Sam completes her first three credentials in three years and uses her certifications to apply for a one-year work-integrated learning experience with the federal government in Germany where she can learn first-hand about the applications of artificial intelligence in government. When she returns home, she applies for PLAR to certify her learning on the machinery of government and is granted a degree acknowledging her four-part customized education.

The collaboration between universities, polytechnics, and colleges to create a networked approach to degree completion, and its endorsement by the provincial government, allowed Sam to graduate as an alumnus of multiple postsecondary education institutions. Her exposure to different thought spaces and networks was highly valuable for ensuring she was engaged throughout her education and set up for post-graduation success. In the rapidly evolving field she has chosen, she understands how important it is to continuously upskill, and is prepared to return to formal education for more stackable credentials as she continues throughout her career.

Route guidance:

Personalized professional development

Name: ZheYuan
Age: 33

Policy prescriptions: Prepare teachers for their own lifelong learning journeys; Accelerate the shift to skills-based learning and hiring

ZheYuan is about to join Marama’s school as a new secondary school teacher. He completed his professional teacher education a decade ago, and teaching looks a bit different today than it did when he was studying. With the incorporation of learning technologies in the classroom, and expectations of teachers delivering competency-based education information, he needs personalized professional development to feel comfortable and supported in this new opportunity.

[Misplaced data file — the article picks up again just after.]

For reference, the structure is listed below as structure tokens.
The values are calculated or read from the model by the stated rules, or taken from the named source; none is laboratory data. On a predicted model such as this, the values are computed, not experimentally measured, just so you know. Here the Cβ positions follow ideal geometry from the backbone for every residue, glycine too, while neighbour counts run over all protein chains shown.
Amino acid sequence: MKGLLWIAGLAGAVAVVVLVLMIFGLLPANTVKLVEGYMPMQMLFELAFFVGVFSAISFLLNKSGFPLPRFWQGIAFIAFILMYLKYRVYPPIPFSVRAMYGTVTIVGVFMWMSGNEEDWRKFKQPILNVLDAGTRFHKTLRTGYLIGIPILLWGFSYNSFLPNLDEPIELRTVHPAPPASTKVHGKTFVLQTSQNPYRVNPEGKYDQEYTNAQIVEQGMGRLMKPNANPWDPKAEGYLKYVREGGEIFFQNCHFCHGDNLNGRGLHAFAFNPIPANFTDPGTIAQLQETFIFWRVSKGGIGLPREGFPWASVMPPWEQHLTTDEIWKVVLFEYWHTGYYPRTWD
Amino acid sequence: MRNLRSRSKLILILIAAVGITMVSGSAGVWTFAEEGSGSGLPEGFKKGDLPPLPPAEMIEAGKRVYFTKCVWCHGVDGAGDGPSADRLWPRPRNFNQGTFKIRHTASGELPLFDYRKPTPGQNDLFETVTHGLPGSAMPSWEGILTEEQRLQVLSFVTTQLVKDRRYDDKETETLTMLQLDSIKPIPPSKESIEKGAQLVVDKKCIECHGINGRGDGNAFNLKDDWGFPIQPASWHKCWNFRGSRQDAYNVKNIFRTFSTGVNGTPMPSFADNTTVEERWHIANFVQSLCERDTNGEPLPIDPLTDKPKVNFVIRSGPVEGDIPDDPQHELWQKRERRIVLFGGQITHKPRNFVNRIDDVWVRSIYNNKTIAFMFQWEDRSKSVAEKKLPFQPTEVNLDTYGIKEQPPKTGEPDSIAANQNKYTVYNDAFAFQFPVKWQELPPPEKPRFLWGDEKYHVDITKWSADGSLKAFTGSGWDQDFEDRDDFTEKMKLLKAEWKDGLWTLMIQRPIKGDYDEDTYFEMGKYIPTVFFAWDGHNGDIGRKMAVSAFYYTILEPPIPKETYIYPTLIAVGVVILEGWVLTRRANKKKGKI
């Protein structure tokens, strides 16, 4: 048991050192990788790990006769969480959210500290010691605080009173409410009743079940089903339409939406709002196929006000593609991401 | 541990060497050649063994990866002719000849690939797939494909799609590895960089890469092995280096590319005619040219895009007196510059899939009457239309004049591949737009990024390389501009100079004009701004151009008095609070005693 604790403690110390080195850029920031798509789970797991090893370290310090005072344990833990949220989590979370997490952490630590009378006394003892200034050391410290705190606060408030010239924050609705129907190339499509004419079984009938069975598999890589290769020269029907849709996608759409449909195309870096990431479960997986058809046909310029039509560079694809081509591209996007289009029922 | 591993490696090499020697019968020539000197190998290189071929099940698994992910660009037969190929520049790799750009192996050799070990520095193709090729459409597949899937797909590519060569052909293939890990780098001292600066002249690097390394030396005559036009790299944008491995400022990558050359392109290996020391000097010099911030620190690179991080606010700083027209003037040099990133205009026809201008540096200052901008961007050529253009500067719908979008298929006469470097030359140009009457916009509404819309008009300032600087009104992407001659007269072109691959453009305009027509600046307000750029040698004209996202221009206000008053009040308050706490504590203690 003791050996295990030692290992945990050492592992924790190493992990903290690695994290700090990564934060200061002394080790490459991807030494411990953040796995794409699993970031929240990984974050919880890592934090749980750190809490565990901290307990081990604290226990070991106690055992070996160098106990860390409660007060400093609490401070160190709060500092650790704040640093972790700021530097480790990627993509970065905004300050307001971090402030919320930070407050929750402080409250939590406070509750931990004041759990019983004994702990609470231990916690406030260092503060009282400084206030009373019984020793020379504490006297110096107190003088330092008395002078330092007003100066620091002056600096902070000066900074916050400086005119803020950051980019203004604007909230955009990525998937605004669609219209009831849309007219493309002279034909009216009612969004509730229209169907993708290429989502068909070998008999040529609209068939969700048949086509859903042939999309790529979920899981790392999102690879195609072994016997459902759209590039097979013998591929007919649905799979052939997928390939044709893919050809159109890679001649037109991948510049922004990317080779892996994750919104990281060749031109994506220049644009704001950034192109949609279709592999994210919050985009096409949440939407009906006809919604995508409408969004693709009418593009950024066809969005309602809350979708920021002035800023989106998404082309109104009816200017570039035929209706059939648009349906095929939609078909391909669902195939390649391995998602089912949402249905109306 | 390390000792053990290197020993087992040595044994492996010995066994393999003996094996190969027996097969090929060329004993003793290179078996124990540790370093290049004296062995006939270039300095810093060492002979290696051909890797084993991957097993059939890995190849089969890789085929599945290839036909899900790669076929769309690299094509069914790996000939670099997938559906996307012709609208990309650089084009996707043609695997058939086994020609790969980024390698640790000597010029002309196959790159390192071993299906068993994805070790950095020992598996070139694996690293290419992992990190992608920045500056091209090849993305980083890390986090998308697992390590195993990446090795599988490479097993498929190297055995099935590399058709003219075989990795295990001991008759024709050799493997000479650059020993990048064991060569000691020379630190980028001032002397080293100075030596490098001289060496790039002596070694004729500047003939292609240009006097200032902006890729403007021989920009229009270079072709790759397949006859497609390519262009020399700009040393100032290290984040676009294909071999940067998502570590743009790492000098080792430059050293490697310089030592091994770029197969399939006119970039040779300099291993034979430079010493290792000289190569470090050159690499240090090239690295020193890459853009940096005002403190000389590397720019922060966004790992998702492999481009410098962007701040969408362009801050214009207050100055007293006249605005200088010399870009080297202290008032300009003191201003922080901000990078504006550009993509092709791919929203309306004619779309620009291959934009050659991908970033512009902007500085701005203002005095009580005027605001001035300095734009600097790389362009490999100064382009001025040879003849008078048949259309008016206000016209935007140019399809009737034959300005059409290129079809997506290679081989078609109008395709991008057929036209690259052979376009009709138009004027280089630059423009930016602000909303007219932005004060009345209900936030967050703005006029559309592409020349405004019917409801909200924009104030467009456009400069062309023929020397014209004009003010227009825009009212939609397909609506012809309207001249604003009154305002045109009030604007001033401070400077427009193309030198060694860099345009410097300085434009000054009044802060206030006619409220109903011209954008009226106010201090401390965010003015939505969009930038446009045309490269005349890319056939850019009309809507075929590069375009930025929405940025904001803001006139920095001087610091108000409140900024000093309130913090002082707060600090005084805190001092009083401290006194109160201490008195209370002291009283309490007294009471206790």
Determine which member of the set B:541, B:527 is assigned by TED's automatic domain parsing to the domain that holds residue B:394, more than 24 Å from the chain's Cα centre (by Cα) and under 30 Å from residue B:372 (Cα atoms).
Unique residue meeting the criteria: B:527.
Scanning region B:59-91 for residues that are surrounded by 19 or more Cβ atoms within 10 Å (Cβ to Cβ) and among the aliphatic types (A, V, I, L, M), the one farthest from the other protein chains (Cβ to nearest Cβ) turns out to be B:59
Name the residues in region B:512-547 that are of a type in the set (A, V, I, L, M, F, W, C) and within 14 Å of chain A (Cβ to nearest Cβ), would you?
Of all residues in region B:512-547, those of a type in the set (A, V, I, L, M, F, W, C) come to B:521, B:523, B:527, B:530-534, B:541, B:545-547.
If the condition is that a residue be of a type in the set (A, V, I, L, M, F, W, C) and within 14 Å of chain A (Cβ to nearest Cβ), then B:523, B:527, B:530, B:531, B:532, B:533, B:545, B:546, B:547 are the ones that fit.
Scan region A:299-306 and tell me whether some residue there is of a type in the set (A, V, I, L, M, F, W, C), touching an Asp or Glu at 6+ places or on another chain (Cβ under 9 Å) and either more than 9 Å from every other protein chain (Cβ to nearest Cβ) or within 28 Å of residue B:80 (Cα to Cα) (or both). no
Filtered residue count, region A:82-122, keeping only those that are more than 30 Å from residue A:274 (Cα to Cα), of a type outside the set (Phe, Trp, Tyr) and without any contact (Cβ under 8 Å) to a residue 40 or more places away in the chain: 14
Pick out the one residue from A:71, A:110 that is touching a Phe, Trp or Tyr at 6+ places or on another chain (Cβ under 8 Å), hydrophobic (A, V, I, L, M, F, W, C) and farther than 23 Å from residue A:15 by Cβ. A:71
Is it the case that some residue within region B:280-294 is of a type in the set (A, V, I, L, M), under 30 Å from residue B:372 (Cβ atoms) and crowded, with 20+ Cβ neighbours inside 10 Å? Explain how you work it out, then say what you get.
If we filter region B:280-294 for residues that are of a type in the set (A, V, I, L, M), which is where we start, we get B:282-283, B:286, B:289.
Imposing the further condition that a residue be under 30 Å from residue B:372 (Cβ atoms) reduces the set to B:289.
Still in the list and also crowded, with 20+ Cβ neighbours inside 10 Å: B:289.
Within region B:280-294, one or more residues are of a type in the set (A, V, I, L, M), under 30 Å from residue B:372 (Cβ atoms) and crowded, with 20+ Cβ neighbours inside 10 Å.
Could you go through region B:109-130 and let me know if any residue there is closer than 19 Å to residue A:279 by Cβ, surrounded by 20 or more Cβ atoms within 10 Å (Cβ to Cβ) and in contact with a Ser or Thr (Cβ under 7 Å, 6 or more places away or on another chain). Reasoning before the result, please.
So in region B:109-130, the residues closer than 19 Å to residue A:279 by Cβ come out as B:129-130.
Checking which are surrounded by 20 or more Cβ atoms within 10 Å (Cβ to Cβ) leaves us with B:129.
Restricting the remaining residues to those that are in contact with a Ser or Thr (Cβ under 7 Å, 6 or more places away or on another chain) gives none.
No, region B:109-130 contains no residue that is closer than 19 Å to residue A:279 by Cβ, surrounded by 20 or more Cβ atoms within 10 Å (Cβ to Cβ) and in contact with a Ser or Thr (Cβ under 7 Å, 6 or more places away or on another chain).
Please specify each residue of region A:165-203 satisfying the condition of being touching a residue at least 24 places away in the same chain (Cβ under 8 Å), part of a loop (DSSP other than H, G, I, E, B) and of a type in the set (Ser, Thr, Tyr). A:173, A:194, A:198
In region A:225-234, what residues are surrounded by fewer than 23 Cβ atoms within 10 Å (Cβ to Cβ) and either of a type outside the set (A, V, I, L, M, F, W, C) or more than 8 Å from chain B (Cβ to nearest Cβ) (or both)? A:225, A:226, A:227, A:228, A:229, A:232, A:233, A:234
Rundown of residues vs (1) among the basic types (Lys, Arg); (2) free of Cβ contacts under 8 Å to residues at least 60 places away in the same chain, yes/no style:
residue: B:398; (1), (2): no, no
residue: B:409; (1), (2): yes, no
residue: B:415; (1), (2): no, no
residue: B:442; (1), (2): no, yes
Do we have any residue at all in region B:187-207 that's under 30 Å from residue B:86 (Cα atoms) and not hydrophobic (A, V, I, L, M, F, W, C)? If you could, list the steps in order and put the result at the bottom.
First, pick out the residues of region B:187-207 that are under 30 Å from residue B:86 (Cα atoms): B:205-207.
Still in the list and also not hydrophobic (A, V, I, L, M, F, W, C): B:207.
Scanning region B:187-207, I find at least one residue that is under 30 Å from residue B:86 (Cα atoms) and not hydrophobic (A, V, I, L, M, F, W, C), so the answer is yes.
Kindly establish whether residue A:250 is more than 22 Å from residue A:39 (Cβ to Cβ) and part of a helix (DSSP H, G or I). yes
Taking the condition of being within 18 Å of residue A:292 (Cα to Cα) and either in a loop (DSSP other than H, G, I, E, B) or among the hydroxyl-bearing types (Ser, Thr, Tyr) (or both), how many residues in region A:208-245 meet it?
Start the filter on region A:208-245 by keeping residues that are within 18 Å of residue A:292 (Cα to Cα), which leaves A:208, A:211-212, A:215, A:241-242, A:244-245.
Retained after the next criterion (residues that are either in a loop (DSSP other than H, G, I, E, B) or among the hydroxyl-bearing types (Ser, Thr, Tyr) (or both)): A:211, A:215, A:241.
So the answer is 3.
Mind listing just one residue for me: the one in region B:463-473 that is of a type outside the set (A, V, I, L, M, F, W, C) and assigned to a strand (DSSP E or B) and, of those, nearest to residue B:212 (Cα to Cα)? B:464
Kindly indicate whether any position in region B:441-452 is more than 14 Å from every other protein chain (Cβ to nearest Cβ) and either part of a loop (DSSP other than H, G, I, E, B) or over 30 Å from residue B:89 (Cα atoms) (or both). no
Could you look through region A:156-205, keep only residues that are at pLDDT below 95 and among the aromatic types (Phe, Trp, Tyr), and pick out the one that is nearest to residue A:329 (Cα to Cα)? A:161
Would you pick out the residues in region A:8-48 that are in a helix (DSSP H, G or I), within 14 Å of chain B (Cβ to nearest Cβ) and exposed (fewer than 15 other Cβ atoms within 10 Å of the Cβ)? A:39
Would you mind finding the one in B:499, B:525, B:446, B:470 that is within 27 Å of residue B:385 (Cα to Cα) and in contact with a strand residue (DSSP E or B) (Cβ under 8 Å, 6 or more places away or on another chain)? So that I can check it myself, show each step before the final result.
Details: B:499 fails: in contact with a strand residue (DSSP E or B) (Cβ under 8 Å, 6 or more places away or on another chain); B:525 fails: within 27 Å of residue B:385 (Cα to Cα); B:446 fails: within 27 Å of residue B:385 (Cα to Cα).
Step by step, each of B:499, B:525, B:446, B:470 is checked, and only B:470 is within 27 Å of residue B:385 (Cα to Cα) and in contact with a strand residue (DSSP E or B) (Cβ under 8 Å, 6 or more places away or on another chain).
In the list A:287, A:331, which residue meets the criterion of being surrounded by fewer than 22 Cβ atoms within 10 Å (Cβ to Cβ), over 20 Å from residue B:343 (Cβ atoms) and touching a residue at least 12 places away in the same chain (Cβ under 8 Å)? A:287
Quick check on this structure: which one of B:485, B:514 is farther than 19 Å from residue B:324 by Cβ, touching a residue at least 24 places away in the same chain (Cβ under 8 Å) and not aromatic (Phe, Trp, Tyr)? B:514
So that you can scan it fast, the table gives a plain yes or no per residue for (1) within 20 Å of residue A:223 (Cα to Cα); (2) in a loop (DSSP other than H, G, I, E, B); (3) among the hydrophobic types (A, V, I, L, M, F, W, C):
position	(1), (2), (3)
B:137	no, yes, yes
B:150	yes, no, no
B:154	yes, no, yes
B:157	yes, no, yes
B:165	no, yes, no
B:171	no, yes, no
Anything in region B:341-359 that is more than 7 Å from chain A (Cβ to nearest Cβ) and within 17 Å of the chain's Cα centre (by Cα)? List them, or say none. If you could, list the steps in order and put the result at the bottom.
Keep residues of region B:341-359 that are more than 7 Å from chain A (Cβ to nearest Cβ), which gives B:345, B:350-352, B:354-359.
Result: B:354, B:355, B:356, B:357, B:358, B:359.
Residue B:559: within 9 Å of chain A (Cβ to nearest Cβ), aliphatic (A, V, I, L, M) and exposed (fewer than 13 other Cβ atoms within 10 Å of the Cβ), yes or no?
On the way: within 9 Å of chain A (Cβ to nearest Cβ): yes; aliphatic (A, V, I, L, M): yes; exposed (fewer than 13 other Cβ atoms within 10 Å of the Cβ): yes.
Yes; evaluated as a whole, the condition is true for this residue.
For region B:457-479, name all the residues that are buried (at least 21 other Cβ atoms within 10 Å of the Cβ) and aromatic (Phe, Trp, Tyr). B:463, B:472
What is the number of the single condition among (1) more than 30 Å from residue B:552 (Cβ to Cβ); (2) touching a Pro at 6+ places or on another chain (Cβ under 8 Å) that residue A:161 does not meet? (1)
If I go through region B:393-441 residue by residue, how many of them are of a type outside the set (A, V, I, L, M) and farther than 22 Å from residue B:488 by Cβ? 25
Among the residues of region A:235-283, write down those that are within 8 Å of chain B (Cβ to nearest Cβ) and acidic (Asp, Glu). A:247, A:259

The school district has been on its own learning journey since shifting to a competency-based education model, and has had some growing pains. Over time, the district has come to recognize that success depends on school administrators working closely with teachers to co-create systems of instruction, and pathways to professional development. The district has its own online learning management system (LMS) for teacher professional development, with a catalogue of content covering a range of subjects including:

  • Strategies for student-centred instruction
  • Design thinking—how to prototype and iterate on solutions to test new approaches
  • Online content—using learning management systems to advance competency-based education
  • Data analysis—interpreting student progress

ZheYuan is excited that he can take on professional learning to suit his needs on his own schedule. He recalls an earlier time when he had to spend nine hours a month in-person taking the same professional development courses as his peers who were teaching very different subjects and had varied skill levels and pedagogical needs than him, which was less than effective.

ZheYuan can also take advantage of his teacher community in the LMS, connecting both in asynchronous chats and in live discussions with other teachers and experts from across his region to ask questions and share his experiences. He sees some upcoming dialogues hosted by his school district to share learnings and signs up for those sessions, knowing he will get a valuable peer perspective from other teachers. ZheYuan is thankful that his school leaders recognize and value professional learning and provide the supports and the time needed for improvement.

D2L Whitepaper Contributors